In this guide I am going to show you how to connect a Nokia 5110 LCD display with Arduino to be able to print texts and numbers on it.

Among the advantages are consumption, since this display will consume approximately 0.25ma with the light off (15ma with the light on). This makes it ideal for projects with batteries in which we are interested in lasting as long as possible.

In addition to the consumption advantage, it also has the advantage of being able to display small graphics and includes a backlight.

If you want to see more guides on this screen, do not hesitate to stop by part 2 of my blog:
Nokia 5110 LCD, show text with Arduino (Part 2)
Nokia 5110 LCD, show graphics with Arduino (Part 3)

Index

Required materials

The list of materials necessary to be able to assemble the circuit using an Arduino circuit with the basic components are as follows:

Breadboard
Jumpers or connecting cables
An ATMega328p chip
A 16Mhz quartz crystal
Two 22pf ceramic capacitors
1k resistor
Five 10k resistors
Nokia 5110 display

Of course, this can also be mounted with an Arduino Uno, nano … for which you would only need:

Breadboard
Jumpers or connecting cables
Arduino
Nokia 5110 display
Five 10k resistors

NOTE: If your Arduino works with 3.3v or your display accepts 5v, you don’t need the five 10k resistors. They are used to adapt the voltage of your Arduino, which is 5v, to the 3.3v with which the display is compatible.

Technical data

Esta pantalla dispone de los siguientes datos técnicos:

Display technologyDot matrix LCD
Display controllerPhilips PCD8544
MCU interfaceSPI
Screen size1,5 inch
Resolution84×48 pixels
Operating voltage2.7v – 3.3v (some accept 5v)
Current draw50mA max
Vision angle180º
BacklightRed, Blue, Green or White

Pinout

The Nokia 5110 LCD displays are all the same, but depending on the model the order of the pins may vary. Here I will put the one that I have seen the most times and the one that matches my display, but I recommend you check that it matches yours.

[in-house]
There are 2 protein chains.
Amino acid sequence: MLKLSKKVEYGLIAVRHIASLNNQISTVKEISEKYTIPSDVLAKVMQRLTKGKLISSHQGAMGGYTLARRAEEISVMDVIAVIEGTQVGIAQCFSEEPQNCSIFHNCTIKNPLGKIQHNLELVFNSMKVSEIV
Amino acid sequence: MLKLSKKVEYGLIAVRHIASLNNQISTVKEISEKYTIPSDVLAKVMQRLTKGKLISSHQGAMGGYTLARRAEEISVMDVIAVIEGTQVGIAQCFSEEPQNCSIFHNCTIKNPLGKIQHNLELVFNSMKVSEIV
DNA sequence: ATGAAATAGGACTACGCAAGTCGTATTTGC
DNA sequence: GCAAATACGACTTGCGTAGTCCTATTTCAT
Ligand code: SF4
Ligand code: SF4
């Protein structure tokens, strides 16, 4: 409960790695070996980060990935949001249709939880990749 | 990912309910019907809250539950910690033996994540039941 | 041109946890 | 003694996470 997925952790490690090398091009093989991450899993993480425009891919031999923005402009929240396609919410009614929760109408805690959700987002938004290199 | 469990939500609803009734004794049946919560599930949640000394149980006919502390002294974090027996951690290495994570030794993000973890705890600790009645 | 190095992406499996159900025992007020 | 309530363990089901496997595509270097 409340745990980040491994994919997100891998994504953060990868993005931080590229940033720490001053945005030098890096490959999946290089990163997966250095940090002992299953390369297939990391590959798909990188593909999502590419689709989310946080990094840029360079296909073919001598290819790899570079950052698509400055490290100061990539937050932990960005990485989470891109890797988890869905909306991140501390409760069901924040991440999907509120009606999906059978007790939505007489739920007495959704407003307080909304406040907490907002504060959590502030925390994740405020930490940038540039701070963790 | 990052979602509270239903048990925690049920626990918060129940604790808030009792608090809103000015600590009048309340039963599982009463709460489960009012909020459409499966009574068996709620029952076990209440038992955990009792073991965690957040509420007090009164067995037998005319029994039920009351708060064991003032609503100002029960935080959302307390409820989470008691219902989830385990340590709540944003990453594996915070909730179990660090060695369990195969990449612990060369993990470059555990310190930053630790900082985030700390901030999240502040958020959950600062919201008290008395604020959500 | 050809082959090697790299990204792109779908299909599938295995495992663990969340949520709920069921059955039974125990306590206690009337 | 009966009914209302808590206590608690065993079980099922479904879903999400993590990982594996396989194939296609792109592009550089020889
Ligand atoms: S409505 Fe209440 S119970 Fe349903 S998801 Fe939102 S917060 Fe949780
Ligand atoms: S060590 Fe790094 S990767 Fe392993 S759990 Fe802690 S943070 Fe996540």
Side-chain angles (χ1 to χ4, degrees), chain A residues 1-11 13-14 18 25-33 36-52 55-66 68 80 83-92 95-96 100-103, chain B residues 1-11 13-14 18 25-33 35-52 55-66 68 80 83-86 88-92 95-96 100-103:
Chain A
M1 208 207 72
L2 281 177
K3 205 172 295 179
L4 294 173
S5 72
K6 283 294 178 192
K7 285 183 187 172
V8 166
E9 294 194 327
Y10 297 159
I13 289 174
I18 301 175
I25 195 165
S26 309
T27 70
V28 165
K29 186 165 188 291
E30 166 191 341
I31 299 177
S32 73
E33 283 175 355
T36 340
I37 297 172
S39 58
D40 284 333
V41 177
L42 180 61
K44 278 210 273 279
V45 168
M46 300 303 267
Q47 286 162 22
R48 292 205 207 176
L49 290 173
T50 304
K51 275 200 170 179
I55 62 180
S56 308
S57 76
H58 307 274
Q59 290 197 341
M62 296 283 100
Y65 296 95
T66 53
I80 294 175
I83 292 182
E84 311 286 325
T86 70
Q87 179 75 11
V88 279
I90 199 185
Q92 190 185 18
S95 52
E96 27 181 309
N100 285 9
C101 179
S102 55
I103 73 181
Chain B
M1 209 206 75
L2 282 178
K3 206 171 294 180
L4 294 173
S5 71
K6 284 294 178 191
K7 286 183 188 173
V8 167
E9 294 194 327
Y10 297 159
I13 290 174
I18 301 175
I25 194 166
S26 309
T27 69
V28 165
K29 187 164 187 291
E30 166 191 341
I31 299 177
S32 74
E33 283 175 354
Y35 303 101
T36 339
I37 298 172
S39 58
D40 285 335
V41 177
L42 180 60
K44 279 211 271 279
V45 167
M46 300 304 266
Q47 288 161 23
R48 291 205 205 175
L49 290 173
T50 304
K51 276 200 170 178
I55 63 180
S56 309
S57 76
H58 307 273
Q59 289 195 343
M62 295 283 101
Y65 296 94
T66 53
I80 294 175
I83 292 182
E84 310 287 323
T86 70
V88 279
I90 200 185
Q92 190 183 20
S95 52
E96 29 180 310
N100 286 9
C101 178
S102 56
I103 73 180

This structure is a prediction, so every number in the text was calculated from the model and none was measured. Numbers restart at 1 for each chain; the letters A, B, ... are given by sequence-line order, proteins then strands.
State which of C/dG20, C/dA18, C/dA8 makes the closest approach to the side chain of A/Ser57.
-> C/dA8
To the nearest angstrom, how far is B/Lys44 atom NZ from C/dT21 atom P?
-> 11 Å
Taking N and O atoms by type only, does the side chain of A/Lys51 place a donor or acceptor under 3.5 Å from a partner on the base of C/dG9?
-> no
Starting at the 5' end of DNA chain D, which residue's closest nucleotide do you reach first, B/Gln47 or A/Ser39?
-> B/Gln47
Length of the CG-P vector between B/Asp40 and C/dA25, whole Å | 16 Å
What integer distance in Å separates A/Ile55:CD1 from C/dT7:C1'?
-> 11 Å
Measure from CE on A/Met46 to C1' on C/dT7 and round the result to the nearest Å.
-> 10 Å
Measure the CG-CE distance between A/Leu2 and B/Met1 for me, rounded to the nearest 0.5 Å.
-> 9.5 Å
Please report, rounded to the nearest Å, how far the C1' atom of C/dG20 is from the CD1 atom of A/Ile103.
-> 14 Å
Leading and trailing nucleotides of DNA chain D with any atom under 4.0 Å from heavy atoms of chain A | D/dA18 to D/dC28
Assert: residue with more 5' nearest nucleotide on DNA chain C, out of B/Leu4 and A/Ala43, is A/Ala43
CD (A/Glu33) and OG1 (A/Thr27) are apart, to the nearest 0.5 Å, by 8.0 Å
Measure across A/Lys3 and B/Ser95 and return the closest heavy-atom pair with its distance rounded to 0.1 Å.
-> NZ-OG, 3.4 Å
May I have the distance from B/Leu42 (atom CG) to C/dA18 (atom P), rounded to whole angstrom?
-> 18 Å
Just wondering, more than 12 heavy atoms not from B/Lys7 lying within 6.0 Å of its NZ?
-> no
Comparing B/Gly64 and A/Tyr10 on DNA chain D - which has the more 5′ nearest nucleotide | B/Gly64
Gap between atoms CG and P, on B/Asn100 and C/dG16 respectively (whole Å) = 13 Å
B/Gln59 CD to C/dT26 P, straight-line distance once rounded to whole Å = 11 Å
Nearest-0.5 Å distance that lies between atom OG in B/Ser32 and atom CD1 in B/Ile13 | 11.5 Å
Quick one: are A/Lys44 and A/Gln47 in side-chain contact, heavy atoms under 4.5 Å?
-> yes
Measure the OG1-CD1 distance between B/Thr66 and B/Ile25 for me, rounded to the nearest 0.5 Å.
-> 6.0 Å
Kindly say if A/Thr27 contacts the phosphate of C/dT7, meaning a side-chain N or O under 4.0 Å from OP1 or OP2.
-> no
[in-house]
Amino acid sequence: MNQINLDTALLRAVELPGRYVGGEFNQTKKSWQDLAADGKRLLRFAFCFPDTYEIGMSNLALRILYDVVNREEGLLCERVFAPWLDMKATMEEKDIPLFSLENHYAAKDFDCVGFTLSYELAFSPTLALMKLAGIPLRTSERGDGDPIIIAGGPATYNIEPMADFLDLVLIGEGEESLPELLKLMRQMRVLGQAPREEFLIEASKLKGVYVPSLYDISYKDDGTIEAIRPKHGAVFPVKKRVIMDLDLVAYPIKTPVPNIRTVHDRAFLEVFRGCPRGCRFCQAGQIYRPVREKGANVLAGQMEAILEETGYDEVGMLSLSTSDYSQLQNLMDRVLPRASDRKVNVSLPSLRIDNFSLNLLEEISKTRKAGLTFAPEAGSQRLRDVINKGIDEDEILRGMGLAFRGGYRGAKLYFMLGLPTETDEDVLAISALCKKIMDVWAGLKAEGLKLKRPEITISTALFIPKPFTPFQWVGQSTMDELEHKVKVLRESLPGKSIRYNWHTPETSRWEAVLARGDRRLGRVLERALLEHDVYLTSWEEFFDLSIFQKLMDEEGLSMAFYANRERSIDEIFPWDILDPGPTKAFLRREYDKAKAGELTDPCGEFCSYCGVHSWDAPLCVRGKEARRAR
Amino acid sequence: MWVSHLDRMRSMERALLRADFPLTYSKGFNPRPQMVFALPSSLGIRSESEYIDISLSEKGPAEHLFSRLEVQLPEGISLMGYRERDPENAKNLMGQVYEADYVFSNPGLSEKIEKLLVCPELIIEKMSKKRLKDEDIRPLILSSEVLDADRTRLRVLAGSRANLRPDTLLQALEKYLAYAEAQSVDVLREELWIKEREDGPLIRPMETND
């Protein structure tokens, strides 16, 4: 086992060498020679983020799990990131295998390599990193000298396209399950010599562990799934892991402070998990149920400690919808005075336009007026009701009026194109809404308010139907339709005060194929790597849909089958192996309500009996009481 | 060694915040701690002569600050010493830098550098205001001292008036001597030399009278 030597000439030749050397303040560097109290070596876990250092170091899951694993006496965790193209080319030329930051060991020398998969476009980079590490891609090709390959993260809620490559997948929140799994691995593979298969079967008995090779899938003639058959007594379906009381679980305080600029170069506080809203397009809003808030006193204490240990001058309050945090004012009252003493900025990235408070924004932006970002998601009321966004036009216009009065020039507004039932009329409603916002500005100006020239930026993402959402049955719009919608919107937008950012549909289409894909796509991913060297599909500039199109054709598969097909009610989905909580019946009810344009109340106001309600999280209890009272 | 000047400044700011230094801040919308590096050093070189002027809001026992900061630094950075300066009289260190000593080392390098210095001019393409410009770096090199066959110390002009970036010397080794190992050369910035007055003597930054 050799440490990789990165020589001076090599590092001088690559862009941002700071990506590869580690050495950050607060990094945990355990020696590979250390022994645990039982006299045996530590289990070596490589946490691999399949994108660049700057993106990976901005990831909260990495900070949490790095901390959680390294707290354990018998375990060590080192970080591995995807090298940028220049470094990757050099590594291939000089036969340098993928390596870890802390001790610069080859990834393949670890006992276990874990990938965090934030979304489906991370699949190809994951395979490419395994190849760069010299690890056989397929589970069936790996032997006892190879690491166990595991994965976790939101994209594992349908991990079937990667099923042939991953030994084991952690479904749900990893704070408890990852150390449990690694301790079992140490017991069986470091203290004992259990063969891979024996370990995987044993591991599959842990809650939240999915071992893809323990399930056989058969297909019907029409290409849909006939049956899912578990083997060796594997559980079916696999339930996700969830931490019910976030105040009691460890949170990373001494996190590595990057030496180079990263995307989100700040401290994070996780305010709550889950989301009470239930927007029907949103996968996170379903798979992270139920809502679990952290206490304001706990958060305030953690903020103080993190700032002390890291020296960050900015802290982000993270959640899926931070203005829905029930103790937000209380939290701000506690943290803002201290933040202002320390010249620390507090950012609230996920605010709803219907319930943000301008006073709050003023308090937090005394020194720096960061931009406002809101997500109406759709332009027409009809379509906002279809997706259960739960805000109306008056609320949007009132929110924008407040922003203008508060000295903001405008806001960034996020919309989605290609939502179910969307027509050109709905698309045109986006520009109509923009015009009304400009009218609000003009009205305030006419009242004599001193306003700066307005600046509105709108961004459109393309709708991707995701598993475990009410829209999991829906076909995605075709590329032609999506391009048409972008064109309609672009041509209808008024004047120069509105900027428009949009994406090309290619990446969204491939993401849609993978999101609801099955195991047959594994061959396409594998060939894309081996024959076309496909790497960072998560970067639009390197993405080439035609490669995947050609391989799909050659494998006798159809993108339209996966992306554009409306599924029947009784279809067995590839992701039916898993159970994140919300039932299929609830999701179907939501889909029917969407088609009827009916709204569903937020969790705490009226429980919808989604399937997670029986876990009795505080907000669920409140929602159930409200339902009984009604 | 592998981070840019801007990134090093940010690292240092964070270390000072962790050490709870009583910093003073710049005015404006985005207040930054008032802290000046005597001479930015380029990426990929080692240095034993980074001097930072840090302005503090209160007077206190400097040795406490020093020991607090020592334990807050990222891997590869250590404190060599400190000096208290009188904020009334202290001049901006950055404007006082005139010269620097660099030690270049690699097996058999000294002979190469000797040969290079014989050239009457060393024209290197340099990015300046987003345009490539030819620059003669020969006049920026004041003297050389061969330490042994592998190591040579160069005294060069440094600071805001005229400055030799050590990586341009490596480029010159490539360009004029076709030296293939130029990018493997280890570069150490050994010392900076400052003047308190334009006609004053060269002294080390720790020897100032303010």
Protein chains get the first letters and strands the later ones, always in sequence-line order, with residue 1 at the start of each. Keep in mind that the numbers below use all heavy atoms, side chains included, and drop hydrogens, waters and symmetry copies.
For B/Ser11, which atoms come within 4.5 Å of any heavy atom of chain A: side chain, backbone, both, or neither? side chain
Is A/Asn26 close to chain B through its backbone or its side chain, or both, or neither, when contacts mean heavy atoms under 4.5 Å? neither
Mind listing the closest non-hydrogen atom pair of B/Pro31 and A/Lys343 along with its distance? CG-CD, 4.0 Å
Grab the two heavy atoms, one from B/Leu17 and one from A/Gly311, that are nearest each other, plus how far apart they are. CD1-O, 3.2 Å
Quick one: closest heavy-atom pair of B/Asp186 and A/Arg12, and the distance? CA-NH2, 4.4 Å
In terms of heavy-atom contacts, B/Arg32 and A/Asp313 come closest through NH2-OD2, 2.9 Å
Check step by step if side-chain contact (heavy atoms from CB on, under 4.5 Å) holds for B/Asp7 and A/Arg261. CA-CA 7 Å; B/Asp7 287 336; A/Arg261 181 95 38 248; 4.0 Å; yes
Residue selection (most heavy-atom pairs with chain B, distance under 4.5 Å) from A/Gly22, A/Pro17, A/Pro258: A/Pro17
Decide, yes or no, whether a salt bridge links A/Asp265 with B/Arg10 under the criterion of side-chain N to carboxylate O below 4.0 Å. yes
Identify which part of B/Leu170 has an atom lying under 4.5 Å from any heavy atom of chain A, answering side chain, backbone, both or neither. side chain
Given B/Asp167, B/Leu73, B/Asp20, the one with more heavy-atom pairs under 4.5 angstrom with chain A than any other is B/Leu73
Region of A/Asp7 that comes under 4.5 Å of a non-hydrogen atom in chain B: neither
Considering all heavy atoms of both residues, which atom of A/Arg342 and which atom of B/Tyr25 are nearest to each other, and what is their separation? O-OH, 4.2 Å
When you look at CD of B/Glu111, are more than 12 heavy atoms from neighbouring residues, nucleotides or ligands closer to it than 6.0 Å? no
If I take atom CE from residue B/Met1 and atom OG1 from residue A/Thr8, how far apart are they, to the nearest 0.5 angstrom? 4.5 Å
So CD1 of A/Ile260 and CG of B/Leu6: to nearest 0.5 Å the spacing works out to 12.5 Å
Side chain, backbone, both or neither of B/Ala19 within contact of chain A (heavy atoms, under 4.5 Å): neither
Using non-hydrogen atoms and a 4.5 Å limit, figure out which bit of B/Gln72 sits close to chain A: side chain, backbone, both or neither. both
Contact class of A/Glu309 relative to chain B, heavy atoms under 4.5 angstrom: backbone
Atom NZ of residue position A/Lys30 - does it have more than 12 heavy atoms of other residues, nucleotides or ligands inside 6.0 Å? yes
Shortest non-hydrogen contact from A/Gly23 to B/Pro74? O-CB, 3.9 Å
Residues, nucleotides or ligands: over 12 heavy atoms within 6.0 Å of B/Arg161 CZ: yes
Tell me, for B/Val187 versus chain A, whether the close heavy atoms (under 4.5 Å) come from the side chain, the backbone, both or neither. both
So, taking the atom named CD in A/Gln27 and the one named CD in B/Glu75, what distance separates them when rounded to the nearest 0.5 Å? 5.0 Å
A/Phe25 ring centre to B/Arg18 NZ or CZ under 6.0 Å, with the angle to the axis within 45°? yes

Just as the order of the pins can change between displays, the BL (BackLigth) pin voltage can vary as well. Some displays require 3.3v and therefore a 330Ohm resistor must be added if we connect it to 5v. Others directly accept 5v, and others such as mine, use GND to activate the light. As a recommendation and for safety, I recommend always connecting these displays to 3.3v, or adding a resistor to limit the current. This way you will always make sure that it works and does not burn.

Connection with Arduino

This display can be controlled with Arduino in two ways:

  • Hardware
  • Software

The difference between the two is that the hardware updates are faster, but it can lead to incompatibilities if we use other SPI devices. Software updates, however, have the defect of being a little slower, but instead have more flexibility in connecting the pins.

Regardless of which one you choose, remember to configure it in the module initialization, or else it will not work.

Hardware

If you do not use more SPI devices, it is perhaps your best option, since it allows you to update the data more quickly. The connections to use this mode would be the following:

Software

On the other hand we have the SPI connection by software, which allows us to connect the pins as best suits us. The library urges us to use the connections as follows:

Library installation